How to Survive is a survival horror game, developed by Eko Software and published by 505 Games. It was initially released on Xbox 360, PS3 and PC and originally planned to be released on the Wii U around the same time, however, 505 Games went quiet until late last year when they stated it would launch on the Wii U in early 2014. Besides getting the game a good few months after its initial release, the other bad news for Wii U owners is that the online co-op aspect of the game has been completely stripped away from this version. Cubed3 finds itself trapped on a deserted island, with only one task at hand: survival. Was it worth the wait? Read on to find out.
The game begins with the player character waking up on a deserted island, forced to search for food, water and other resources in order to stand a chance against the hostile inhabitants of the island: zombies who want to feast on the brains of survivors. There are three characters to choose from in How to Survive; Kenji, Abby and Jack - each of which have a unique skill and slightly different stats to set them apart from each other.
Kenji is an all-rounder who specialises in firearms with his pinpoint accuracy. Abby is a college girl who is pretty weak, but can take out undead from afar if given a bow. She also has the best stamina out of the bunch, which comes in handy when getting out of sticky situations. Jack is the Chuck Norris in this zombie-killing group. His strengths are… well, his strength and huge size. Just don't get too caught up in the horde; he isn't exactly the most athletic survivor!
During the story mode, players will meet up with survivalist guru Kovac, whose "interactive survival guide" has been scattered around the islands in various chapters. The game uses the entries from this guidebook to serve as tutorials which steadily introduce the player to the numerous gameplay mechanics on offer. Compared to the other NPCs who are pretty lifeless, Kovac is humorous and adds a hint of character to the game.
The GamePad usage here is minimal, but effective as it houses important information about the character's current status, displays a map and is also used for inventory management. As per the norm with Wii U eShop titles, Off-TV play is also a feature, meaning one can kill hordes of the undead whilst in the comfort of their bed… or on the toilet.
There are four factors which come into play when trying to stay alive: Health, Hunger, Tiredness and Thirst. These are displayed as meters on the GamePad and will deplete over time. Food is scattered around the islands in the form of plants and wild animals, clean supplies of water are found in wells which are pretty much everywhere, and there are numerous safe houses which provide a safe night's sleep.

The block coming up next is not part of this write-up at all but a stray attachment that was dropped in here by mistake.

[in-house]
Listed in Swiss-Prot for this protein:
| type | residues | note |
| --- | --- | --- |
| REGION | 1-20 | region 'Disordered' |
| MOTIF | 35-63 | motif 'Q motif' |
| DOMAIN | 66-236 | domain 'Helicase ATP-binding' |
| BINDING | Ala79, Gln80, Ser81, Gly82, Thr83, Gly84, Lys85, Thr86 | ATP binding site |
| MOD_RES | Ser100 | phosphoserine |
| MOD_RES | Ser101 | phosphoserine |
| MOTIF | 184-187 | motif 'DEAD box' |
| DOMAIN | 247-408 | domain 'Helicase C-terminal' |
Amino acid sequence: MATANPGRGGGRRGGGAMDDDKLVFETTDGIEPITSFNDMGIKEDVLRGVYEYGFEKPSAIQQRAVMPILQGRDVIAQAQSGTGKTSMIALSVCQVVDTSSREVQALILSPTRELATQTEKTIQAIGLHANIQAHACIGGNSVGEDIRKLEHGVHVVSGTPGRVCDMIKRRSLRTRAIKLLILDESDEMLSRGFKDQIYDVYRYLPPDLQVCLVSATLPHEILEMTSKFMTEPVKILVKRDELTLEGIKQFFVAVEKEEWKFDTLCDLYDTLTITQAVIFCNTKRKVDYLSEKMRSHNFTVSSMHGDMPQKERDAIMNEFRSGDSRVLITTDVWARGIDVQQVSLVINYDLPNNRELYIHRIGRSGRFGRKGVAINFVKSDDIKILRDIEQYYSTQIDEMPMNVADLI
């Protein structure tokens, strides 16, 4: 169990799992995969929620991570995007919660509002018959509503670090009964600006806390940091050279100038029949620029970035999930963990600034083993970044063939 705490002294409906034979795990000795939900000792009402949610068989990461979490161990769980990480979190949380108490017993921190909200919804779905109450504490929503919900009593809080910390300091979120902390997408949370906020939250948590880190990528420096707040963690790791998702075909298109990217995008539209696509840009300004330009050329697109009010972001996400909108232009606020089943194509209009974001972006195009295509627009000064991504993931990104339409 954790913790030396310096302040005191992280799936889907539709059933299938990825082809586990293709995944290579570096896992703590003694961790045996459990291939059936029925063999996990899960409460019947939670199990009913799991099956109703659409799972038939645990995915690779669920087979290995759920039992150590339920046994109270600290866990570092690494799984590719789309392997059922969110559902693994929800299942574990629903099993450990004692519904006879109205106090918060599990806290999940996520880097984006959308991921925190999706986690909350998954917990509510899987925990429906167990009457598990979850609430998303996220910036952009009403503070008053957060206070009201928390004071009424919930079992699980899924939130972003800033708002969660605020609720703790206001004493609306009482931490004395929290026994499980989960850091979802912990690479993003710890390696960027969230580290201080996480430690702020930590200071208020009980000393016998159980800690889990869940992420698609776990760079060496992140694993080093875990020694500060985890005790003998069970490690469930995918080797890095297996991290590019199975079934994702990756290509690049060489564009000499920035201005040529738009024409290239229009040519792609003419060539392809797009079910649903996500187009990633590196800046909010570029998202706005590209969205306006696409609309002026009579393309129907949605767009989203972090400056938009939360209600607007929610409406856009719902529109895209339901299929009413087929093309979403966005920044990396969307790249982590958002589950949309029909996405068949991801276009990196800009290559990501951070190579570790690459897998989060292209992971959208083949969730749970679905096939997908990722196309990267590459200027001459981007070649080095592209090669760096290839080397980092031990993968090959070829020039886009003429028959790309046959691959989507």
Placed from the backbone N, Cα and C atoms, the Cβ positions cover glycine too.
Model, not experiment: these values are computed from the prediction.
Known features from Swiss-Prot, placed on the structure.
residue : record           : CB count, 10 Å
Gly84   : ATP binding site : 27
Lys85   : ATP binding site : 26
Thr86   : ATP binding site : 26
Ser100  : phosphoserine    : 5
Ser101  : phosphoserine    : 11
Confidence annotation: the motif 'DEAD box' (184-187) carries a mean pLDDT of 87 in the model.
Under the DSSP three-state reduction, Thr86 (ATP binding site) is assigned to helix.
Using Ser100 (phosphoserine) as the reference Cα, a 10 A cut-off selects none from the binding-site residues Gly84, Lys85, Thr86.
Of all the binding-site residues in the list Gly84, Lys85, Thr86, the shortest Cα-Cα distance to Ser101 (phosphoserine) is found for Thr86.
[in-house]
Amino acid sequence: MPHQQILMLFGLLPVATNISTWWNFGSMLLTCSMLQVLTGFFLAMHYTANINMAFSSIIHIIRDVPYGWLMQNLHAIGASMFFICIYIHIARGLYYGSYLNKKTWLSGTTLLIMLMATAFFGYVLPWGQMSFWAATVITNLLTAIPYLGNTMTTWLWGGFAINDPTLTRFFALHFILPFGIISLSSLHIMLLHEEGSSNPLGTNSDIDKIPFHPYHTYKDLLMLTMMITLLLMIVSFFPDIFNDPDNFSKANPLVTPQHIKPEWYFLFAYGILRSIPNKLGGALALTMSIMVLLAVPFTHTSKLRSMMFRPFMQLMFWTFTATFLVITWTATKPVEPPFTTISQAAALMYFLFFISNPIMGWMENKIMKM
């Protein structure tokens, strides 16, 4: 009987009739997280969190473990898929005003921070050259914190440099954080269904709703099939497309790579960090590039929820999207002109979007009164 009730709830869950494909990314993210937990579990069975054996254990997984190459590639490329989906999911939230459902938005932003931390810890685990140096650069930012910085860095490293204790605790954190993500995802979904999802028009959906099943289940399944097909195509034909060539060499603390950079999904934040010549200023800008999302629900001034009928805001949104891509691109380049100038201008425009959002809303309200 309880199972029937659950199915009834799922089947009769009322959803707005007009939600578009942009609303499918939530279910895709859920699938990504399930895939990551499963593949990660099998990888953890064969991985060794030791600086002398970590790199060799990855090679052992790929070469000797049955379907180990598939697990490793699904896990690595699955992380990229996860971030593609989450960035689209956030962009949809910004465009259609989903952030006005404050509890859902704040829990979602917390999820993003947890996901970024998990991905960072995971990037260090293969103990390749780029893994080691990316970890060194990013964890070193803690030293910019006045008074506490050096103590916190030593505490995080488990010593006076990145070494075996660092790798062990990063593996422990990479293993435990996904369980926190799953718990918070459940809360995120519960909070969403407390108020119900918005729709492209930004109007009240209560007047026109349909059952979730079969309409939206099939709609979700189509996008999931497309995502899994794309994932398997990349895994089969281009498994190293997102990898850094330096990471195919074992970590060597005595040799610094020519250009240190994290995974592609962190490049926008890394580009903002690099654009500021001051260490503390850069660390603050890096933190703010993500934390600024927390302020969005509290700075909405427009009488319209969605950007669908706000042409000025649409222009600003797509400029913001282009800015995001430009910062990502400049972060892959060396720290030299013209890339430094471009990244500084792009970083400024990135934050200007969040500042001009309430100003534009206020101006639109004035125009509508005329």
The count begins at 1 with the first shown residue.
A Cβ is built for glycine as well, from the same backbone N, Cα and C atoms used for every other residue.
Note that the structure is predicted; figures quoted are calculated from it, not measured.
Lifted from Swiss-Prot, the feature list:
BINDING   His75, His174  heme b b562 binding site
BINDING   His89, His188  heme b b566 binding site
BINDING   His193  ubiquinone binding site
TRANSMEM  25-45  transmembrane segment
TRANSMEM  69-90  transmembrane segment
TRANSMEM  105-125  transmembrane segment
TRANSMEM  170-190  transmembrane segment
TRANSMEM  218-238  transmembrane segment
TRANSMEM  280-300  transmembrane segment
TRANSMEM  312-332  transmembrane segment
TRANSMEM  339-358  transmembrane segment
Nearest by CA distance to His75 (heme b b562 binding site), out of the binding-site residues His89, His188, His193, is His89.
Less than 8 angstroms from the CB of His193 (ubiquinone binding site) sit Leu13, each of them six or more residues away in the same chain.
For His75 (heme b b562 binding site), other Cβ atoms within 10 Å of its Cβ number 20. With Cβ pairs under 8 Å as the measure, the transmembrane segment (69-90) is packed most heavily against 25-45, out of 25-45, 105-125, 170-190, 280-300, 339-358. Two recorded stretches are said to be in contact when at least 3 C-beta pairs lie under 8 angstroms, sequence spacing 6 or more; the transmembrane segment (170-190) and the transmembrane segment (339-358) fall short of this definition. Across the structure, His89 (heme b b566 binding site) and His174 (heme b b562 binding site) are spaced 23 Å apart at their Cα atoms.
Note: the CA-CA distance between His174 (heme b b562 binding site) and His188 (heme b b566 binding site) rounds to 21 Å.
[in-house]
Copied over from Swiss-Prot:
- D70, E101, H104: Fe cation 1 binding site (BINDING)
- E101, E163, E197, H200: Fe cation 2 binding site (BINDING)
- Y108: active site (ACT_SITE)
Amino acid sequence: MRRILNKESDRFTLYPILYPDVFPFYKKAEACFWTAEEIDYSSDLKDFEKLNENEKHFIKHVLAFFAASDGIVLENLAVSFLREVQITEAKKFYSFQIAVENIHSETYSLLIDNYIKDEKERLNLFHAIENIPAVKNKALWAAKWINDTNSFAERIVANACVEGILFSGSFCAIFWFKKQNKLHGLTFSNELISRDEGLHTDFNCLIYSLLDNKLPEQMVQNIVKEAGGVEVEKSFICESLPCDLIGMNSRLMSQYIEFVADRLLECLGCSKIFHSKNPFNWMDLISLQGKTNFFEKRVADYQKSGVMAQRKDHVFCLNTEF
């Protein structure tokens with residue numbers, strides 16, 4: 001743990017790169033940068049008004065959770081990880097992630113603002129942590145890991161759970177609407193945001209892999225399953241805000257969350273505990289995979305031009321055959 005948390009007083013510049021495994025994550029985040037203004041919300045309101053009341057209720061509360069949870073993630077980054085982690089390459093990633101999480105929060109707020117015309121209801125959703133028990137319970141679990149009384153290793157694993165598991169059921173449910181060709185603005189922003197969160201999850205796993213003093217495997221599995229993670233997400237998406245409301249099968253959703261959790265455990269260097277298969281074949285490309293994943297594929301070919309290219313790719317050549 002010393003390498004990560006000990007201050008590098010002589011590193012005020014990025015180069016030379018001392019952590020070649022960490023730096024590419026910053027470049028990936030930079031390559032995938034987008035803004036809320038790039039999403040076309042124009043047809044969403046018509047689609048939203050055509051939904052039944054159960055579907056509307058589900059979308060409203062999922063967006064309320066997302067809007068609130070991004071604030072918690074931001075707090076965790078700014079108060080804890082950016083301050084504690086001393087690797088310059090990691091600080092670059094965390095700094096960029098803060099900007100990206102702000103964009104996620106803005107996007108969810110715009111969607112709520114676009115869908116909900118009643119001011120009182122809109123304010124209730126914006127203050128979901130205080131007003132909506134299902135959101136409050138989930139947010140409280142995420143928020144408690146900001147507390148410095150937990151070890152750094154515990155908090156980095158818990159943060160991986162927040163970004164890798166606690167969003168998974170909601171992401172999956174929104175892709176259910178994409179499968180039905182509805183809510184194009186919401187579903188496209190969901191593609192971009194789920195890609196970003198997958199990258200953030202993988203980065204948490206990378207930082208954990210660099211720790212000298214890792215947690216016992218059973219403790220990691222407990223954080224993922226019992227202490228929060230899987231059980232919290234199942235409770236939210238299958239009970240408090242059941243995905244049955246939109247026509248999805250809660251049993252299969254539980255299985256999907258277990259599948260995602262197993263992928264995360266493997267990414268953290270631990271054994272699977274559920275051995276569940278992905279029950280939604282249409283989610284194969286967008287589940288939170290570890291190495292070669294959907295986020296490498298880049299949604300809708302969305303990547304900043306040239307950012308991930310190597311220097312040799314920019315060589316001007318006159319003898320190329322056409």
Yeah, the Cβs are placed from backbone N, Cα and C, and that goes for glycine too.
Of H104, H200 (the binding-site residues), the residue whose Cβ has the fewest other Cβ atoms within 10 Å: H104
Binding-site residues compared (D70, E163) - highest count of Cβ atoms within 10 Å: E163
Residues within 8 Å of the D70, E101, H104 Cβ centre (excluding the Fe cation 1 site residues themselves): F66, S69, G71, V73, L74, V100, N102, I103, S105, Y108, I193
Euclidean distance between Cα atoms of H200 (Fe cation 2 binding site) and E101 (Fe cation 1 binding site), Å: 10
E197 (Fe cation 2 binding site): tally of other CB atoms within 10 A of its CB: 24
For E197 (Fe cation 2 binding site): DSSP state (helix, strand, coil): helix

As quests are completed, zombies are killed and supplies are picked up, characters will gain experience points which eventually leads to levelling up. The level system in How to Survive uses the tried and true formula of providing a skill tree housing various skills to decrease the depletion time of the four meters, and give characters the ability to craft different types of arrows and potions, among other things.
Speaking of crafting, this is the main way of obtaining decent weapons for combat. Guns, bows, arrows, chainsaws and more can all be crafted using How to Survive's simple, yet robust crafting system. Experimenting with different combinations is part of the fun and can sometimes lead to interesting results, such as bows with aim stabilisers or hand guns with high rate of fire.
In addition to the story mode, there are also challenges to tackle, which can be fairly testing when played on the higher difficulty. These challenges all have something unique about them, for example: one of the challenges pits the player against a horde of "fat" zombies, which explode on impact or when they get close to the player, whilst another challenge has various zombie animals roaming around the island.
Both the story mode and challenge mode can be played through local co-op, but unfortunately there is no online co-operative play in this version of How to Survive. When browsing the menus, it's obvious that the game was robbed of its online mode, due to the descriptions of modes having "local play" in them, indicating that there was online play initially. It's not really clear as to why the online modes were removed from the Wii U version, but it certainly affects the game quite a bit, as these challenges would've been even more fun with the ability to play with friends all over the world.
Whilst engaging at times, the supply of ammo, food and water in How to Survive seems to be far too generous for a survival horror game. With that being said, though, the game plays just fine, with there being no major issues.
There are four islands in How to Survive, but all of them have the same murky textures and don't really do anything to differentiate themselves from each other. The models and textures, coupled with the camera angle makes this feel like a PC game from the 90s.
Generic sounds, music and a side of cheesy voice acting. However, Kovac's voice acting and dialogue is superb.
The story mode in How to Survive will last around four to five hours, with the challenges adding a couple of extra hours to that total. Due to online co-op being absent from this version of the game, it doesn't make it as worthwhile as perhaps the same game on another platform.
How to Survive is a good survival horror game, even if it may be a little too generic. The four factors of survival - Health, Hunger, Thirst and Tiredness - are a great feature, but would work a lot better if supplies were harder to come by. The lack of online co-op and higher price point on the Wii U isn't exactly going to help justify the purchase of this version, but for those who love zombies and are curious, check this out on another platform or wait for a sale.